Ending Poverty With Global Christianity’s Phantom Trillion 22 Jul 201122 Jul 2011 ~ Chris Cocca http://twitter.com/#!/ccocca/status/94255833738788865 share:Click to share on Twitter (Opens in new window)Click to share on Facebook (Opens in new window)Click to share on Reddit (Opens in new window)Click to share on Pinterest (Opens in new window)Click to share on Tumblr (Opens in new window)Click to email a link to a friend (Opens in new window)MoreClick to share on LinkedIn (Opens in new window)Like this:Like Loading...
7 thoughts on “Ending Poverty With Global Christianity’s Phantom Trillion”
Your post was interesting but giving a tithe to the Church is about obeying God’s commandment of giving 10% of what you make. The interesting thing is that God does not need Christian’s money to solve world hunger or anything for that matter. He created the earth and everything to do with it. You are correct in the sense that Jesus while on Earth never told the Roman Empire i.e. government to take care of the poor and widow but he told the Church to do it. I believe that the average Church receives about 2% of what people should give to the Church.
Thanks for your comments, Scott. I believe that if all Christians really did give 10 percent of their incomes and these tithes were used to answer Jesus’ call to feed the hungry and clothe the naked, we’d solve these problems. God doesn’t NEED us do these things, but God does seem to be ASKING us to.
Great article, Chris. I especially liked this line:
Faced with the kind of evil that flourishes where hope and charity do not, perhaps the oft-repeated “Where is God in this?” isn’t quite the question. Consider this instead: “Oh, God, where are the Christians?
God most certainly seems to be asking us, even pleadng with us to answer the call to be our brother’s keeper. A big part of ending poverty and famine is knowing where our dollars go once we drop it into the collection plate, and holding Church leadership accountable in the distribution of the obvious wealth of the Christian church. Pastors are too often teaching prosperity doctrine while their struggling congregations finance leadership’s lavish lifestyles, and little else. Christianity has to “cease and desist” in its capitalistic ventures and become the non-profit Jesus envisioned. Otherwise, we will stop believing in the power of our tithe and just see ourselves as we currently are – hypocrites.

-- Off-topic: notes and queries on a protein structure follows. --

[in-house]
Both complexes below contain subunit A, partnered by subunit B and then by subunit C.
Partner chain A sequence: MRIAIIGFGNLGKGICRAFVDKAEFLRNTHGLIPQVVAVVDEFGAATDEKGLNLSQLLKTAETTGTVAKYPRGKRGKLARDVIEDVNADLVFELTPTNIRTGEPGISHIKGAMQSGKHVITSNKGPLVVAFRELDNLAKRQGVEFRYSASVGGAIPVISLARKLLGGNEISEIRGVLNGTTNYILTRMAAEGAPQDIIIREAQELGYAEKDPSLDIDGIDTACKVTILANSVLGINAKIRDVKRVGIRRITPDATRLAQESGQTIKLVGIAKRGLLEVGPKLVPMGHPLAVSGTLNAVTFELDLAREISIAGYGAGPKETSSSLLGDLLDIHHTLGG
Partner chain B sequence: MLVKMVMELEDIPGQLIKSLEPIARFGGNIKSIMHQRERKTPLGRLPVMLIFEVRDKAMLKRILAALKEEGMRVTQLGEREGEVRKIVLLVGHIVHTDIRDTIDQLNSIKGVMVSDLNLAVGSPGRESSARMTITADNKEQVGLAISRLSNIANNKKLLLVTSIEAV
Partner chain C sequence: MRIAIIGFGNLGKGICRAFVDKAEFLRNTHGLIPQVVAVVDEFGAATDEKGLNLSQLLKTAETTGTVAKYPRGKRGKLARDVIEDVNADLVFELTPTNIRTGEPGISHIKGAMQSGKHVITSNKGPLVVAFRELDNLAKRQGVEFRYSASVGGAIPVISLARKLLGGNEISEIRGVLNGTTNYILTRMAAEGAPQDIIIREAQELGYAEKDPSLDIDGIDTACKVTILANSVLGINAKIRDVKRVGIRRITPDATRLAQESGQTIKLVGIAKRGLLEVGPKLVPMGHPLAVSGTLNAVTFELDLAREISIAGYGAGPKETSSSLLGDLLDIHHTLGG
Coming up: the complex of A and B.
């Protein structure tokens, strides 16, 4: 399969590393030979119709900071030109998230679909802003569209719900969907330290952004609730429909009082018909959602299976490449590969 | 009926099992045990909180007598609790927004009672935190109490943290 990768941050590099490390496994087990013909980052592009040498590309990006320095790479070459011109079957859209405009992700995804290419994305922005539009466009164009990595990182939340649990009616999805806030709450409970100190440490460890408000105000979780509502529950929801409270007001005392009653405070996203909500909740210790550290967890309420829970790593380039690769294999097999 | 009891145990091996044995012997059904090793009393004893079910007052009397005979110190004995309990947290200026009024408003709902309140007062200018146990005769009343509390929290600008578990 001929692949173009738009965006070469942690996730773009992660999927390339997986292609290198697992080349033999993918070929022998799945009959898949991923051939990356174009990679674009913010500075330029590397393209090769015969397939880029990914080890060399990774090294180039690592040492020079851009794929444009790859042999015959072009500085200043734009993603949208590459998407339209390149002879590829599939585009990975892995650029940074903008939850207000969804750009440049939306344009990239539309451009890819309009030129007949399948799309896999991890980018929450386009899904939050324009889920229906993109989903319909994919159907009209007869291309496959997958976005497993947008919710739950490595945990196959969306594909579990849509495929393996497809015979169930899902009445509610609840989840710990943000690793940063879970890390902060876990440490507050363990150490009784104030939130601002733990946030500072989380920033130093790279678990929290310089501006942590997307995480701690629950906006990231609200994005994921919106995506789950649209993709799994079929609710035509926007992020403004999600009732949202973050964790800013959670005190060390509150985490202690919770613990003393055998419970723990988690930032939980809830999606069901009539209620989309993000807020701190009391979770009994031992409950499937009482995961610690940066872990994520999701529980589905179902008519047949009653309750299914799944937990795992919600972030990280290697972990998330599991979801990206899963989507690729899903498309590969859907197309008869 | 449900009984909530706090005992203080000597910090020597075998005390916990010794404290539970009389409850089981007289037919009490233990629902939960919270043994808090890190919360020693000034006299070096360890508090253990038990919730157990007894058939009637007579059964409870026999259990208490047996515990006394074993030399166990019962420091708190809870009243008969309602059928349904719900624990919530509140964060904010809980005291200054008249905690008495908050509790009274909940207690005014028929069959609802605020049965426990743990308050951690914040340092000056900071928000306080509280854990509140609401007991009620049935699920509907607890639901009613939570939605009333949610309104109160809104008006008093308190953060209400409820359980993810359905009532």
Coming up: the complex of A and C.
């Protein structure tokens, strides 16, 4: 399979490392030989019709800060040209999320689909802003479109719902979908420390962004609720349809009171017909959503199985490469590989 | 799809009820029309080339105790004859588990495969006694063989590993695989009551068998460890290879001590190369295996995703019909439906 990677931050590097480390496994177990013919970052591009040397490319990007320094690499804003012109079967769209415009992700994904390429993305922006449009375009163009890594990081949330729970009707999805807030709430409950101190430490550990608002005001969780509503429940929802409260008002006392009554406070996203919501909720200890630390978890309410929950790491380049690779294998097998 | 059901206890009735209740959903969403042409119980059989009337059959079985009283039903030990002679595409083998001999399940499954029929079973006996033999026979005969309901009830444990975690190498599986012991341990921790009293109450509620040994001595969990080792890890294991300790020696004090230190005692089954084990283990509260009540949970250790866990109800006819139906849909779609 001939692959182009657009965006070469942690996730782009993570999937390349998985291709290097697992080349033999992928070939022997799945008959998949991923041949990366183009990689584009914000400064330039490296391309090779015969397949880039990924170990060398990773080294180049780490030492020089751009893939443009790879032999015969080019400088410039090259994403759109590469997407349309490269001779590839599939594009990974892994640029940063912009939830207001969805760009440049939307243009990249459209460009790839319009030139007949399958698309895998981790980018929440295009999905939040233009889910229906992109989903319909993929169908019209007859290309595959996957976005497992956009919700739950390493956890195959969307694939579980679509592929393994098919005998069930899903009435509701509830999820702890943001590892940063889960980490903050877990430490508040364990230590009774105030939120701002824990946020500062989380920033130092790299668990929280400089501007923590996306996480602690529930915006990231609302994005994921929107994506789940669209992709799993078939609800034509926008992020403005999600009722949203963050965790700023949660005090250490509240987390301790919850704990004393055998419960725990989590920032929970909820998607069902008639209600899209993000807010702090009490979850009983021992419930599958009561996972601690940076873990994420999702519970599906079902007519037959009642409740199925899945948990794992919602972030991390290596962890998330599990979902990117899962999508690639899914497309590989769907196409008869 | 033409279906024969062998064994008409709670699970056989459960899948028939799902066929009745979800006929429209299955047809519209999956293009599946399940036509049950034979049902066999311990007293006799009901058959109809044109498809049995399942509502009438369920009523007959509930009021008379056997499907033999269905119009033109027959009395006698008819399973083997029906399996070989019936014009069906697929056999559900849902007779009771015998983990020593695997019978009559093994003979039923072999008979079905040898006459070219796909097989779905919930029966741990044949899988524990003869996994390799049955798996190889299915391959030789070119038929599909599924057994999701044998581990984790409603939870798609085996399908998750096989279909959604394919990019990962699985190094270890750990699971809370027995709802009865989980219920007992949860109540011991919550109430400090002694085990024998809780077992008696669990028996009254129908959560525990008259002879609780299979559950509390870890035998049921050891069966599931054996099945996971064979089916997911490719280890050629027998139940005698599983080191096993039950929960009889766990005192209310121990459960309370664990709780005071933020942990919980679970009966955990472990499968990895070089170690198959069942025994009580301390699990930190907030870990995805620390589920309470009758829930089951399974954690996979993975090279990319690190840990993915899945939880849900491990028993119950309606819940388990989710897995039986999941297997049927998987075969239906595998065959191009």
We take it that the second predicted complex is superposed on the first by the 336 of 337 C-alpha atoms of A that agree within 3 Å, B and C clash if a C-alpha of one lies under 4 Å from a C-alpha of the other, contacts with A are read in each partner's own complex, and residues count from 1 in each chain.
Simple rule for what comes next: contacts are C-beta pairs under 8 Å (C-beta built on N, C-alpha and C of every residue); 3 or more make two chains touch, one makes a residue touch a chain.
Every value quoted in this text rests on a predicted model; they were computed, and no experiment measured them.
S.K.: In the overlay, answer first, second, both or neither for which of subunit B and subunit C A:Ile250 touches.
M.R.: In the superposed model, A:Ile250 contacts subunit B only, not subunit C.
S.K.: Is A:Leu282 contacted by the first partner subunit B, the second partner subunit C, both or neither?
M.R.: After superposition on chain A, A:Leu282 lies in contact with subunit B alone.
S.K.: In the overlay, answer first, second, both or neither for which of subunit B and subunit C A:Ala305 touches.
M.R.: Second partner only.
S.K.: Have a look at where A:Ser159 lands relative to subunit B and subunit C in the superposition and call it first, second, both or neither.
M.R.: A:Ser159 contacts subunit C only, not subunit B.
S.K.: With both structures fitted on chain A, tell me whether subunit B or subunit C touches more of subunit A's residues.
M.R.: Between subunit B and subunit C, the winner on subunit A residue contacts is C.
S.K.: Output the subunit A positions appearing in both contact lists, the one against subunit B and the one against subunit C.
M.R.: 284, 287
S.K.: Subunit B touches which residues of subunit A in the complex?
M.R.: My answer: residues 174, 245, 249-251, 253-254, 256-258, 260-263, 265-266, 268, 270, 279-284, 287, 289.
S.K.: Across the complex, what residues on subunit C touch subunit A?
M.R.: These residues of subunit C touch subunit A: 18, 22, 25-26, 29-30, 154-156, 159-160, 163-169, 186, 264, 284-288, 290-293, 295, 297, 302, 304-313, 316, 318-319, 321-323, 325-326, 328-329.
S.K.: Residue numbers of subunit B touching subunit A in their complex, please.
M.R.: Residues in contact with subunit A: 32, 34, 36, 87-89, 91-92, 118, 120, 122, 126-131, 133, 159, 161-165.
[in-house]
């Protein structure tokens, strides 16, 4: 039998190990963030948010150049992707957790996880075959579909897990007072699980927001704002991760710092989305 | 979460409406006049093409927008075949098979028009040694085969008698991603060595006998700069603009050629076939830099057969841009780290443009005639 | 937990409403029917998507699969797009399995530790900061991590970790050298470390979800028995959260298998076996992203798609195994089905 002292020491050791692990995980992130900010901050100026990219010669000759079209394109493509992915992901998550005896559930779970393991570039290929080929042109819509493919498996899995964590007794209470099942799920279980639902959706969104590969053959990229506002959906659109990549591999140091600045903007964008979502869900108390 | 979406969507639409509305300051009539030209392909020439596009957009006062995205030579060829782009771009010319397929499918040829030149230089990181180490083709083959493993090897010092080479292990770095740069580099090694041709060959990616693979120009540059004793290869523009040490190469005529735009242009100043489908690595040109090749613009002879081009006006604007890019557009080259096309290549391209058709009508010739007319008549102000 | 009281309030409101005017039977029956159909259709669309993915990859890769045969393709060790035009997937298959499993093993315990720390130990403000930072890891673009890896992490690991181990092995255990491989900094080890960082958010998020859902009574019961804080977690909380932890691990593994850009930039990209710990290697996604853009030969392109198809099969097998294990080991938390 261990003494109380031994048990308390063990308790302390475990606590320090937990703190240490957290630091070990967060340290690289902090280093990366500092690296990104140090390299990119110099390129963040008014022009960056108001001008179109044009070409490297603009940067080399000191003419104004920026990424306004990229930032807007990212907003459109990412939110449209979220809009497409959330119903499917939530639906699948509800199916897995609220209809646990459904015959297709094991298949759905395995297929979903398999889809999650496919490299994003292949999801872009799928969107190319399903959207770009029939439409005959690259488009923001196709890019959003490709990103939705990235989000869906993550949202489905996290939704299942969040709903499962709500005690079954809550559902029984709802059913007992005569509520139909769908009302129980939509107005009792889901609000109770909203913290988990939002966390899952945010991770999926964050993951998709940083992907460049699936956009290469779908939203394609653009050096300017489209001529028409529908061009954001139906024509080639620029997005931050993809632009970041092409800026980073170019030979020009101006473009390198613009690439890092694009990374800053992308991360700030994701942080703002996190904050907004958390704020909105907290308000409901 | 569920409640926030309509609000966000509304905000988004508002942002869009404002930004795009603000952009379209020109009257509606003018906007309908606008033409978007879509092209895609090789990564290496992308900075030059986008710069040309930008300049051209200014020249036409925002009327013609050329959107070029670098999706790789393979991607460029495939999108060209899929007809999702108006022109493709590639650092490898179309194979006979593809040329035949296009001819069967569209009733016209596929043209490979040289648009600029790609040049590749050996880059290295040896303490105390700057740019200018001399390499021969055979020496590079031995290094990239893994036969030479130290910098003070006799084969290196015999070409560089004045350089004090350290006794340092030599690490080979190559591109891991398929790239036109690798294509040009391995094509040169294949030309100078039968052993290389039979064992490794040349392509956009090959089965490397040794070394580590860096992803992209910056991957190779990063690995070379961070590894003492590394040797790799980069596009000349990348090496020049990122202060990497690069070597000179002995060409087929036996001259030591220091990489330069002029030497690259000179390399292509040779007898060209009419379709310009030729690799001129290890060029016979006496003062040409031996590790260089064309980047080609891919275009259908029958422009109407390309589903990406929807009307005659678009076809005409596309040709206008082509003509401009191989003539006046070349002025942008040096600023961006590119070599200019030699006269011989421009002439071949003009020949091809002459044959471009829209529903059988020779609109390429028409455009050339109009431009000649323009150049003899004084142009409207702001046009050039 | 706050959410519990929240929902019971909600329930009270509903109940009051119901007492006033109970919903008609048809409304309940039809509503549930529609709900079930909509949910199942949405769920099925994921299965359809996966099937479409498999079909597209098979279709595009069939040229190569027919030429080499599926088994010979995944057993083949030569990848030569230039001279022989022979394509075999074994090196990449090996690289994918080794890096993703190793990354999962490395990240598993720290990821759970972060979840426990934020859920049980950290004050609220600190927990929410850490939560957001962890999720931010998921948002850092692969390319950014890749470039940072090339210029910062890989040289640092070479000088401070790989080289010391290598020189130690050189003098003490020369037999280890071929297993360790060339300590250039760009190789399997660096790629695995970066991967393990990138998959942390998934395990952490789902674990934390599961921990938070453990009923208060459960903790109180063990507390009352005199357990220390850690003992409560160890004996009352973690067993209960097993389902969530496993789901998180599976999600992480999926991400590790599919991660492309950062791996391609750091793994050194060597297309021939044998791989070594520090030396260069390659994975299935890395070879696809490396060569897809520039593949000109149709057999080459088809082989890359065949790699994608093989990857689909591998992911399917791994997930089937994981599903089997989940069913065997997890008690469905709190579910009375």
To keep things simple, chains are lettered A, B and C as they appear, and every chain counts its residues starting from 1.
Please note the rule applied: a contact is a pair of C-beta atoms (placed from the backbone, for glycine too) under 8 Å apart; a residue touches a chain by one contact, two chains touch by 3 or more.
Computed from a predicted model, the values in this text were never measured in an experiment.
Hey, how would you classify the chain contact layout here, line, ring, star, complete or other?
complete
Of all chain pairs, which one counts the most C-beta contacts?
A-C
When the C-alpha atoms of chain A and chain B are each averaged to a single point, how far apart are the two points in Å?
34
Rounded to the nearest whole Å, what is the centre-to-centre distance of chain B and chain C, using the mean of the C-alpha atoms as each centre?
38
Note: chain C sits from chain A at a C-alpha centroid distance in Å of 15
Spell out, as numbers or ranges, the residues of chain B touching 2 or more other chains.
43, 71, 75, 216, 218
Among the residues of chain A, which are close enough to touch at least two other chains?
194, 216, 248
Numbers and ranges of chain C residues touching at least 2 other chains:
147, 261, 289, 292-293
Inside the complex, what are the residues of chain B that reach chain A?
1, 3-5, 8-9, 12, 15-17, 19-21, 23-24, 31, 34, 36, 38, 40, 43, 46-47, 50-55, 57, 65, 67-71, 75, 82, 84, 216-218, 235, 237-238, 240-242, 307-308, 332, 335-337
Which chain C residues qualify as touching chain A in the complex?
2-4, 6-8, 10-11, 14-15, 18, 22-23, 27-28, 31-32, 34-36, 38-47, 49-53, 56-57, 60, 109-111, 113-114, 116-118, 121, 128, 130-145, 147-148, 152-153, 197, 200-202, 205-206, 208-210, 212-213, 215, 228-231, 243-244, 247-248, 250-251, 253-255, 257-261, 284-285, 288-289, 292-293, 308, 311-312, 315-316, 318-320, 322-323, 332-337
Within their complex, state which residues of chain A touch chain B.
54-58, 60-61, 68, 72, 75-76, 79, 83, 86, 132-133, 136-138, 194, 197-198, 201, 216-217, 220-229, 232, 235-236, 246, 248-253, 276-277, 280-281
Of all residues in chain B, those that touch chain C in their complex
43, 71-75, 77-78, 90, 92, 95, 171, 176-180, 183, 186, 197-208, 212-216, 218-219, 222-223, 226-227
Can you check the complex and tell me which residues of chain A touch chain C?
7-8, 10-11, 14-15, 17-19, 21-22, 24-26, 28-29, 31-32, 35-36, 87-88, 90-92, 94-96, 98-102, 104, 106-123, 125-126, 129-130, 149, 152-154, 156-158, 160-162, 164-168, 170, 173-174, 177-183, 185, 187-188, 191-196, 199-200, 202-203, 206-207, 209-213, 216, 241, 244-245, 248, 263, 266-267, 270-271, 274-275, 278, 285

Initial thoughts about how to start change from the ground up:
I need to change first.
Meaning, the individual people who read, commented, shared, and agree that the phantom trillion from the Body of Christ could “feed everyone, clothe everyone, give everyone access to water, heal the land, clean the water, and clean the air in perpetuity” need to examine their individual lives’ and ask: Am I tithing?
If the answer is no (yet you still said amen to article), then why not? Then identify the barriers, talk to a friend about it, and make the next step towards giving a tenth part of your income. That’s change from the ground up.
If the answer is yes, then why? Then share why you’re tithing with one of your Christian friends who is not tithing. That’s change from the ground up.
Once we (Christians) understand “the economic power we possess and the practical implications of loving one’s neighbor as oneself, this phantom trillion would find its way to points of need.” The action step in this is if you’re tithing to your church: find out if you can be a voice in where the money is spent. Granted, the lights need to stay on, but “investing 10 percent of its (the Church’s) annual income to overcome the systems of injustice, hate, and other things we still call sin” is essential. That’s change from the ground up.
Or if you’re a Christian who is cool with tithing to charity:water, Compassion, World Vision, and other legit charities, tell your friends about them. That’s change from the ground up.
Now let’s get started.
Loved this comment, Brian. Thank you.
You’re welcome, Chris.